According to the report, Jumia is also making meaningful progress in the reduction of the overall rate of cancellations, failed deliveries and returns (CFDR).
“The CFDR rate as a percentage of GMV improved from 30 per cent in 2019 to 25 per cent in 2020. The CFDR rate as a percentage of orders improved from 22 per cent in 2019 to 16 per cent in 2020.
“The CFDR rate is typically lower when expressed as a percentage of orders than GMV as higher average item value orders tend to show higher CFDR rates.
“As a result of the significant improvement in CFDR ratios, the year-over-year trajectory of GMV and orders after CFDR compares favourably versus pre-CFDR.
“GMV was down 19 per cent in 2020 while GMV after CFDR was down 12 per cent and orders increased by 5 per cent while orders after CFDR increased by 14 per cent over the same period,” a statement from the firm said.
NGX All-Share Index Outperforms Inflation Over Three Years
The 3-year trailing performance of the All-Share Index (ASI) of the Nigerian Exchange (NGX) Limited surpasses the average inflation during the same period.
The annual inflation measured by the Consumer Price Index (CPI) released in September by the National Bureau of Statistics (NBS) was 20.52 per cent in August 2022.
Meanwhile, the NGX ASI, a market capitalisation weighted index of all companies listed on the NGX’s platform, had a year-to-date performance of 15.68 per cent during the same period. This could be misleading about the market performance until you view it through a longer-term lens.
British Economist, Benjamin Graham, made a quote popularly used by Warren Buffett, the Fund Manager of Berkshire Hathaway Inc and widely regarded as the best living investor: “Markets are a voting machine in the short term, and a weighing machine in the long run.” On a 3-year trailing basis, the NGX ASI has outperformed the CPI average in the same period, ensuring that investors with a longer-term hold on their investments remain in the positive region.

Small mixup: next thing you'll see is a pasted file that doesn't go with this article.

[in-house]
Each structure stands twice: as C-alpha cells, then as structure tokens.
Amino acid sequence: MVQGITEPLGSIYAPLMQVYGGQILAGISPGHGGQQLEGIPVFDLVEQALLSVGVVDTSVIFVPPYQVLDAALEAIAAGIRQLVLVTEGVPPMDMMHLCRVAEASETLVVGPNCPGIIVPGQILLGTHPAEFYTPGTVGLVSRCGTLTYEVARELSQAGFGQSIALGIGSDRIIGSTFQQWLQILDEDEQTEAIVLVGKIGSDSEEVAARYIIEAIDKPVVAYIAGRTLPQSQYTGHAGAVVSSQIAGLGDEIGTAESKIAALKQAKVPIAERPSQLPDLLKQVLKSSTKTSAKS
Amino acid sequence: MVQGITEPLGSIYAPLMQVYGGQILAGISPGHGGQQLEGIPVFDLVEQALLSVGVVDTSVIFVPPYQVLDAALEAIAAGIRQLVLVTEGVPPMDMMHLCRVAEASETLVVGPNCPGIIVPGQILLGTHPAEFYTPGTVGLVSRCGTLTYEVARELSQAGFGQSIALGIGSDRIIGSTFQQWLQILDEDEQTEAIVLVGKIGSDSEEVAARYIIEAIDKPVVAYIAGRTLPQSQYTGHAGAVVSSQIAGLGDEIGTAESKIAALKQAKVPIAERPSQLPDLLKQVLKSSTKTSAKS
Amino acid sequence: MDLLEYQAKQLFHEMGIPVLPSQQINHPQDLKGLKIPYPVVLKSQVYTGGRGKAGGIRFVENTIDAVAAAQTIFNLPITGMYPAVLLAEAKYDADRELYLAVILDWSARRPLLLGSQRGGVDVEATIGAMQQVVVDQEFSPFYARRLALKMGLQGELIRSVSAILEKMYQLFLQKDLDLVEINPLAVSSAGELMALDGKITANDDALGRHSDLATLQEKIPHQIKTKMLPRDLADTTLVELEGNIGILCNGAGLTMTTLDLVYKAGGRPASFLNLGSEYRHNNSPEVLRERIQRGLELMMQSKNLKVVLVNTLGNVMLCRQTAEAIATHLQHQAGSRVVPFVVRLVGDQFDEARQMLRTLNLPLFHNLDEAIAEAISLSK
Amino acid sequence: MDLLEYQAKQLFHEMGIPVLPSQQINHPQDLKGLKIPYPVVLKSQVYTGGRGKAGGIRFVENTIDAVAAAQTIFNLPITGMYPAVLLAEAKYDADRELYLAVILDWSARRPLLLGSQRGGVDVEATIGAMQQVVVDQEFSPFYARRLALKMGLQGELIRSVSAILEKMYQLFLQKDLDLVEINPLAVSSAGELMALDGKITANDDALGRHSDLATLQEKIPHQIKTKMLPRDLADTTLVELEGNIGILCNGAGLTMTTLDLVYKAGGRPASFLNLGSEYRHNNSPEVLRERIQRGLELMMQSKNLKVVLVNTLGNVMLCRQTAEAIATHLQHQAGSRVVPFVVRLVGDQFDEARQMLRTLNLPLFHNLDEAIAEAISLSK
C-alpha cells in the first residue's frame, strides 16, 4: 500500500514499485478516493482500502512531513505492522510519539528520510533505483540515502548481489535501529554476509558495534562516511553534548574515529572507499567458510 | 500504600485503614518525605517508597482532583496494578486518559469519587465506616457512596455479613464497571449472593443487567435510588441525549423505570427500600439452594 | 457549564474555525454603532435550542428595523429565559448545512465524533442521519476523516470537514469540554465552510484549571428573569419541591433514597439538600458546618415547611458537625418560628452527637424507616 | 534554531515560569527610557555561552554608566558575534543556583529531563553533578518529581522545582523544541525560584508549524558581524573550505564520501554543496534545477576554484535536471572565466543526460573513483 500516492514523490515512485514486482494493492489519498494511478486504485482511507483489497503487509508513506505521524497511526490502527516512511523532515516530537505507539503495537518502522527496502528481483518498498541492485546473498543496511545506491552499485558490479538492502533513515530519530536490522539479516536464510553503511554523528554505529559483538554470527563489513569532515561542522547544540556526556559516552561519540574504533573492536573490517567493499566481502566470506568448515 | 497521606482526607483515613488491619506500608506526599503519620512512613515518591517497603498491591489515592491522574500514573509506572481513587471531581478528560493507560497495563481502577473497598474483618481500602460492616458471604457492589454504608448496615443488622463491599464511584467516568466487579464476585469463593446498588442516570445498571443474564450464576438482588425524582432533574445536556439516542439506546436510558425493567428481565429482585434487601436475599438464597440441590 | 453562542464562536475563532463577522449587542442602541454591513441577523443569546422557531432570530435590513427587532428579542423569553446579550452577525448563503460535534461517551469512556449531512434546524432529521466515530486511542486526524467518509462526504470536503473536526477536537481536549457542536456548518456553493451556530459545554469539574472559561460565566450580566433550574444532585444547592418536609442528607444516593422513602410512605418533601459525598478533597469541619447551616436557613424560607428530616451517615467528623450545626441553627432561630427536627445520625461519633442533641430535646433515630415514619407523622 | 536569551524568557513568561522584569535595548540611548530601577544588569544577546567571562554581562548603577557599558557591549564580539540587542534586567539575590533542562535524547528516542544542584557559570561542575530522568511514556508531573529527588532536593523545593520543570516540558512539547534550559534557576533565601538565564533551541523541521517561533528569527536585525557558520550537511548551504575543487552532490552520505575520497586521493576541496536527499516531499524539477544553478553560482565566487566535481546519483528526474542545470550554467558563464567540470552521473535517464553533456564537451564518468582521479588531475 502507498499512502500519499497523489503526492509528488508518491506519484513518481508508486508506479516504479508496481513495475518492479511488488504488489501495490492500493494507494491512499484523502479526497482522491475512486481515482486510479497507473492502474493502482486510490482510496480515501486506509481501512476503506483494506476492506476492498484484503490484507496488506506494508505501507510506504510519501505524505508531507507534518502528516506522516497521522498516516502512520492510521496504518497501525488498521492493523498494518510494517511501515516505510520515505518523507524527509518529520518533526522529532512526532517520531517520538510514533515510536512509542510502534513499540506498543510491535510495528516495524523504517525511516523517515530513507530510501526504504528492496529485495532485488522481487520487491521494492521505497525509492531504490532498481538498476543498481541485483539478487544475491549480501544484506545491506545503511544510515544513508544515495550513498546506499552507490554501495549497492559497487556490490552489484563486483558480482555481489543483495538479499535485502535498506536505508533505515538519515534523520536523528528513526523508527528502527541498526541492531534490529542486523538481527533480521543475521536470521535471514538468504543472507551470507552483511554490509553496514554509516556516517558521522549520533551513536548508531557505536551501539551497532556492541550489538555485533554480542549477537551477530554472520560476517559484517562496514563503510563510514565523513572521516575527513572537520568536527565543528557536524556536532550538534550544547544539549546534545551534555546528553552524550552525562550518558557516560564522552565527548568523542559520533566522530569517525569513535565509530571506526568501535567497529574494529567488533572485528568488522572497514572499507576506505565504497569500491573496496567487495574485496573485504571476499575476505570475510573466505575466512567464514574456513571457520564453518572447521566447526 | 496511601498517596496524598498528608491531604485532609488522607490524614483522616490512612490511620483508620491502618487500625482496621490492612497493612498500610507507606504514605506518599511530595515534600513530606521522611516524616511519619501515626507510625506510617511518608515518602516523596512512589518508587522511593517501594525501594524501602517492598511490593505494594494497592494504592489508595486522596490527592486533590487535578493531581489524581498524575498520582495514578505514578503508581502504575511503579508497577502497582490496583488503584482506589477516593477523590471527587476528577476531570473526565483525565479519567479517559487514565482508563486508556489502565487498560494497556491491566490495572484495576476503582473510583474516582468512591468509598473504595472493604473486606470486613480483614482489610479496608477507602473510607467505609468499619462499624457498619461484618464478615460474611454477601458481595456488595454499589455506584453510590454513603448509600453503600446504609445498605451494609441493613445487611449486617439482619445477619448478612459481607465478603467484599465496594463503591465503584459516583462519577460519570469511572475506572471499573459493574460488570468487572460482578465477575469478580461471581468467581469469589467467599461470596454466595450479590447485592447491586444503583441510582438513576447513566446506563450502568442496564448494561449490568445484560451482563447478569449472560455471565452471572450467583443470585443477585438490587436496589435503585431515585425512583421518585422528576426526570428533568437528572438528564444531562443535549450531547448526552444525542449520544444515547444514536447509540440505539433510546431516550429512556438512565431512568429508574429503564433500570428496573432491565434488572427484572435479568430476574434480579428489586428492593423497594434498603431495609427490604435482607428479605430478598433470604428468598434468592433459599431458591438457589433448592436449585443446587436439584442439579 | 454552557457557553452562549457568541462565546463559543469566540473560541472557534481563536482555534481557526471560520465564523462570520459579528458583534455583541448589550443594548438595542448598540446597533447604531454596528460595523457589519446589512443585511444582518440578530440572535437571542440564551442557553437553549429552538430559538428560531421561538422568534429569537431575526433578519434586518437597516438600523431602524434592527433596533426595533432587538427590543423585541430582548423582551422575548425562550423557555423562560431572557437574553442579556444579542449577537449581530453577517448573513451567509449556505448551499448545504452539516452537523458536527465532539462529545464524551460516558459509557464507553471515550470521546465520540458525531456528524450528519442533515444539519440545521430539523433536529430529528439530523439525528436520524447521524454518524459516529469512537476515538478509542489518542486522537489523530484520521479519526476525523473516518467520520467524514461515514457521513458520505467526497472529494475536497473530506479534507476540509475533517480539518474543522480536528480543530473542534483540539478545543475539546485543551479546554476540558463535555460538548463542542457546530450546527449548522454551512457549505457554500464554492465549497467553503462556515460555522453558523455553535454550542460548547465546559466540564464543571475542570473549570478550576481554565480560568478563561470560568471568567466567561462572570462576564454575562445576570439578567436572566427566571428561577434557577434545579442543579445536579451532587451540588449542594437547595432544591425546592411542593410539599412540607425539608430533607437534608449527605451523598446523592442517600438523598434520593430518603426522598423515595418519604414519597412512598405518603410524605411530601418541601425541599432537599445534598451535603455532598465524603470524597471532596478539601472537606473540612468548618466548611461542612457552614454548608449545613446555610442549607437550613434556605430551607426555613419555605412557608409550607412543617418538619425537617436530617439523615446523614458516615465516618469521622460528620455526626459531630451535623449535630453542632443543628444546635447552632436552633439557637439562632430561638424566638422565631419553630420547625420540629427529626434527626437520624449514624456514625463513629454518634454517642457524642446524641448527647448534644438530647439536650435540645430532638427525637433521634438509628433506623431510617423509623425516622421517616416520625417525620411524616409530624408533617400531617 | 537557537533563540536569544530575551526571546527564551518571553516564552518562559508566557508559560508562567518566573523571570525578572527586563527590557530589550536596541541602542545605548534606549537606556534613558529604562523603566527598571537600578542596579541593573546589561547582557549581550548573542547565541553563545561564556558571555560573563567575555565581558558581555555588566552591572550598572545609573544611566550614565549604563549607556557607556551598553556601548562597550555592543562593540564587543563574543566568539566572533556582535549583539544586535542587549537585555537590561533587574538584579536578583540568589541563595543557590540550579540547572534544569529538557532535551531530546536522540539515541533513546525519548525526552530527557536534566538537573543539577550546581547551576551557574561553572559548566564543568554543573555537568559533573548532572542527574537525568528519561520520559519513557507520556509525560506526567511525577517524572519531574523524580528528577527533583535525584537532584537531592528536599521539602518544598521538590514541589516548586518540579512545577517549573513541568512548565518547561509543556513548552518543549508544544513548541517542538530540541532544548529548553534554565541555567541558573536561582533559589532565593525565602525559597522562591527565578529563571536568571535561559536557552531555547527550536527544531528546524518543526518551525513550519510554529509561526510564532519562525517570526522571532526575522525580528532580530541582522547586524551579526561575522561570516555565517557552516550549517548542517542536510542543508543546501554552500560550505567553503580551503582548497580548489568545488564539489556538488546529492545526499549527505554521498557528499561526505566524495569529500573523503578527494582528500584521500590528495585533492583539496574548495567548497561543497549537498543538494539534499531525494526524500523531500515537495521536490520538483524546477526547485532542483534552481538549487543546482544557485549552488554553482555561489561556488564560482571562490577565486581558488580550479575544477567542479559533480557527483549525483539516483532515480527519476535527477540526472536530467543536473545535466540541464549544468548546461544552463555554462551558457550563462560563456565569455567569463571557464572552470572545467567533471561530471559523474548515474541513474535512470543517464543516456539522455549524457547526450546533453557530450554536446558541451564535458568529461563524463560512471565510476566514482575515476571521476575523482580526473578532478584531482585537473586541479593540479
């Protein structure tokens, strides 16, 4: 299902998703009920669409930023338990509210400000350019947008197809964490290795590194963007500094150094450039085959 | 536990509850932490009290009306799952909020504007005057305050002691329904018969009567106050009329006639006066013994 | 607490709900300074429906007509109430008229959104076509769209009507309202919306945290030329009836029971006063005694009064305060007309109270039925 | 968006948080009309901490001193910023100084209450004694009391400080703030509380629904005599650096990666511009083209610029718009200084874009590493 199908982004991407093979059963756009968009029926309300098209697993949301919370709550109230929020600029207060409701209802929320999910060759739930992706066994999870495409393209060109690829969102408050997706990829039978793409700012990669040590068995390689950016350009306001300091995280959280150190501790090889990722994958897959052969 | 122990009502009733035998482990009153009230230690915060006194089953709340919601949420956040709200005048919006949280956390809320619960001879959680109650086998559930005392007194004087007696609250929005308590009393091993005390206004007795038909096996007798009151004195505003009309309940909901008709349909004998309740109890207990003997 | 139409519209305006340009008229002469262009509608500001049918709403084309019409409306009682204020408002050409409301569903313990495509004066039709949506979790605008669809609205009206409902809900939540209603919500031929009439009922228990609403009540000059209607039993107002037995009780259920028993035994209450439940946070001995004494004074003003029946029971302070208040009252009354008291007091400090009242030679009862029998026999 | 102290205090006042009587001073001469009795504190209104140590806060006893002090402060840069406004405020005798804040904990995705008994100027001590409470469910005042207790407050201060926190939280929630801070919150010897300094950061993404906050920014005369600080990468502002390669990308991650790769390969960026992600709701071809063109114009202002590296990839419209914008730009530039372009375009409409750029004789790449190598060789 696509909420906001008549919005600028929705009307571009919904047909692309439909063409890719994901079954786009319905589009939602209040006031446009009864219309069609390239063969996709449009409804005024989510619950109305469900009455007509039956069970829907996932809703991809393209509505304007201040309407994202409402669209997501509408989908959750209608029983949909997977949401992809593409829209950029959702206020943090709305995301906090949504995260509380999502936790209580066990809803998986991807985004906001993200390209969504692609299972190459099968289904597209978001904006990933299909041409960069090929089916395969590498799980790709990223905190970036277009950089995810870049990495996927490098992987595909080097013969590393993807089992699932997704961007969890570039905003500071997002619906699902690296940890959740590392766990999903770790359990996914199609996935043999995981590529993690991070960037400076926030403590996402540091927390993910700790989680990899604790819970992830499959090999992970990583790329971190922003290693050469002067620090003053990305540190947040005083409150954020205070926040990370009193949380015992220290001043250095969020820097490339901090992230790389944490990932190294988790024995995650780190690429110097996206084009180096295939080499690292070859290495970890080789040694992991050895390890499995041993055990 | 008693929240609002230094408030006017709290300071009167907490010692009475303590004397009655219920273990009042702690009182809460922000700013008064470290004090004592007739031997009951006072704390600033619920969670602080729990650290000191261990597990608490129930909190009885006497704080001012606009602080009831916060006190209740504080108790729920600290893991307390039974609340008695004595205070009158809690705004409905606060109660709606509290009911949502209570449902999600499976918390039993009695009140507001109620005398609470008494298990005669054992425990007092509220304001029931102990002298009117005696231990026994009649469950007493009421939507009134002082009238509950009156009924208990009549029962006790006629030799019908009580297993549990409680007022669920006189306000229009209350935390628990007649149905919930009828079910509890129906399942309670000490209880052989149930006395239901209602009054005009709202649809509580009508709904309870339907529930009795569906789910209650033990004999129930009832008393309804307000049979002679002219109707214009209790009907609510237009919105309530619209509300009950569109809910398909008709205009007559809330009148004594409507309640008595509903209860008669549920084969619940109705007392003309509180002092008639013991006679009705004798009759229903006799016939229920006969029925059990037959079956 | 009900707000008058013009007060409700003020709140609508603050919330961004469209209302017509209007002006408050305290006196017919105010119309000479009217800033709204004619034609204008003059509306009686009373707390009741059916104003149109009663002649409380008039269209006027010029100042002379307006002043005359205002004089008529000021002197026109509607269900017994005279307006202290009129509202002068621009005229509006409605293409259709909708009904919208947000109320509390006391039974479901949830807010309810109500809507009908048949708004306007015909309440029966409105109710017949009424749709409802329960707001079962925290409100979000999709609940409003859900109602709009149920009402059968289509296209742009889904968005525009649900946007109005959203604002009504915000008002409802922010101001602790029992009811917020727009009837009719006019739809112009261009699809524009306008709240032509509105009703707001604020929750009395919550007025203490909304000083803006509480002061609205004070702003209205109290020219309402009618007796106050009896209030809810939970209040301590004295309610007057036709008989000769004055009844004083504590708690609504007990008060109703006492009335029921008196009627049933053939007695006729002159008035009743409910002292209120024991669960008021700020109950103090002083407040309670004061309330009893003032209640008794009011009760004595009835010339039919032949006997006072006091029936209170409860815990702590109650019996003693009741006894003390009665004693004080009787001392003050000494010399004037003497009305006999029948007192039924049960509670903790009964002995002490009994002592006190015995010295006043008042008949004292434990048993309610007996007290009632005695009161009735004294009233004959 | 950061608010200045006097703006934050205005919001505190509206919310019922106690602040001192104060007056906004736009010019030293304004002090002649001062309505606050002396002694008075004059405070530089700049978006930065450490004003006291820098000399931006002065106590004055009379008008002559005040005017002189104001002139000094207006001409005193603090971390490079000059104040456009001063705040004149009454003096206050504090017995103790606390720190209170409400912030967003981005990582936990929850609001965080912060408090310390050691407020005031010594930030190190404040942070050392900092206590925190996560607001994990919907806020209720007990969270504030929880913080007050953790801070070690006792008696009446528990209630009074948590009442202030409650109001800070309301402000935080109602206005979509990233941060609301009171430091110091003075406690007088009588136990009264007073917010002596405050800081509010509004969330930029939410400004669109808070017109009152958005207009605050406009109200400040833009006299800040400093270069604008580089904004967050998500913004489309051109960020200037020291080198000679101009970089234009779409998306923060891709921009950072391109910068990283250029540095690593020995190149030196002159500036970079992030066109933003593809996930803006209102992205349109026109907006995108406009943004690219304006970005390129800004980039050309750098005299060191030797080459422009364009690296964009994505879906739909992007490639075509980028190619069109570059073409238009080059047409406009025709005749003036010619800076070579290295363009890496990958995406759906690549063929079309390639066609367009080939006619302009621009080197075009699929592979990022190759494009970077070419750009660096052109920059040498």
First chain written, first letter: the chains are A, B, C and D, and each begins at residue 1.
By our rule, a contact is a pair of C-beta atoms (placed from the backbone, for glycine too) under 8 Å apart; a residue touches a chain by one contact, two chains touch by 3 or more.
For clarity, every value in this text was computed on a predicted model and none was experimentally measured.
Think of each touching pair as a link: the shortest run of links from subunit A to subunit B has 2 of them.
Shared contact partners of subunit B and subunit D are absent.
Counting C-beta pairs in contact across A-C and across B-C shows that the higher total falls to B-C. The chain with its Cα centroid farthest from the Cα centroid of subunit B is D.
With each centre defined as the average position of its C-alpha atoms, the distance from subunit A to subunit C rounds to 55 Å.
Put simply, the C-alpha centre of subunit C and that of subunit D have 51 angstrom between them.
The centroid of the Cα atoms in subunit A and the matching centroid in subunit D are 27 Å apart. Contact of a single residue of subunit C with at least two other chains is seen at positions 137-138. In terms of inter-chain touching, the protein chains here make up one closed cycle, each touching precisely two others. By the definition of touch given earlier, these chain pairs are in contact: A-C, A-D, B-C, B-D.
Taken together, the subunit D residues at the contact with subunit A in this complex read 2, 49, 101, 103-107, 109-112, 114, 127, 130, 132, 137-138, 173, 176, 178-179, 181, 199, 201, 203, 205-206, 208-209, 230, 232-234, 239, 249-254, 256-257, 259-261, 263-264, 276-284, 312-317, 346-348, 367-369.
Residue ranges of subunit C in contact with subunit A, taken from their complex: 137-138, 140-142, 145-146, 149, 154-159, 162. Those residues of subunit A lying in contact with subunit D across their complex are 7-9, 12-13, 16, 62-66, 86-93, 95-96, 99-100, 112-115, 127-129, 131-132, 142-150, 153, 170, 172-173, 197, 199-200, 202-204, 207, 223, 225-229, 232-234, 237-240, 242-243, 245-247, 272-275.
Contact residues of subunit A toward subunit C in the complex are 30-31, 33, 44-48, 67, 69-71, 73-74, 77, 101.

Analysis of data of closing prices gathered from the NGX’s website showed that the index has a 3-year moving average of 22.97 per cent, compared to an inflation average of 15.72 per cent.
The year 2022 has been a slow year for global stocks due to volatility resulting from the hiking of interest rates by central banks in the United States and Europe amidst inflationary pressures.
The NGX ASI’s 15.62% YTD return is a significant positive performance compared to the US S&P 500, which has plunged by 22.46% or the FTSE 100, which has declined by 7.68%, according to Google Finance. The local bourse has exhibited resilience and insulated investors from negative return on investment over three years.
Laolu Martins Was Minority Shareholder of Bukka Hut—Management
By Modupe Gbadeyanka
The management of an online restaurant in Nigeria, Bukka Hut, has clarified that one of its late directors, Mr Laolu Martins, was a minority shareholder in the company.
On Wednesday, it was reported that the deceased breathed his last in Lagos. He was said to have co-founded the firm with Mr Rasheed Jaiyeola, who is the Chief Executive Officer.
The deceased was reportedly invited to join the firm by Mr Jaiyeola, who jointly owns majority shares of the company with his wife and sister.
Mr Jaiyeola and Mr Martins were co-owners of the Nigerian International Securities Limited (NISL) before the former resigned from his position as director to focus on Bukka Hut in 2016.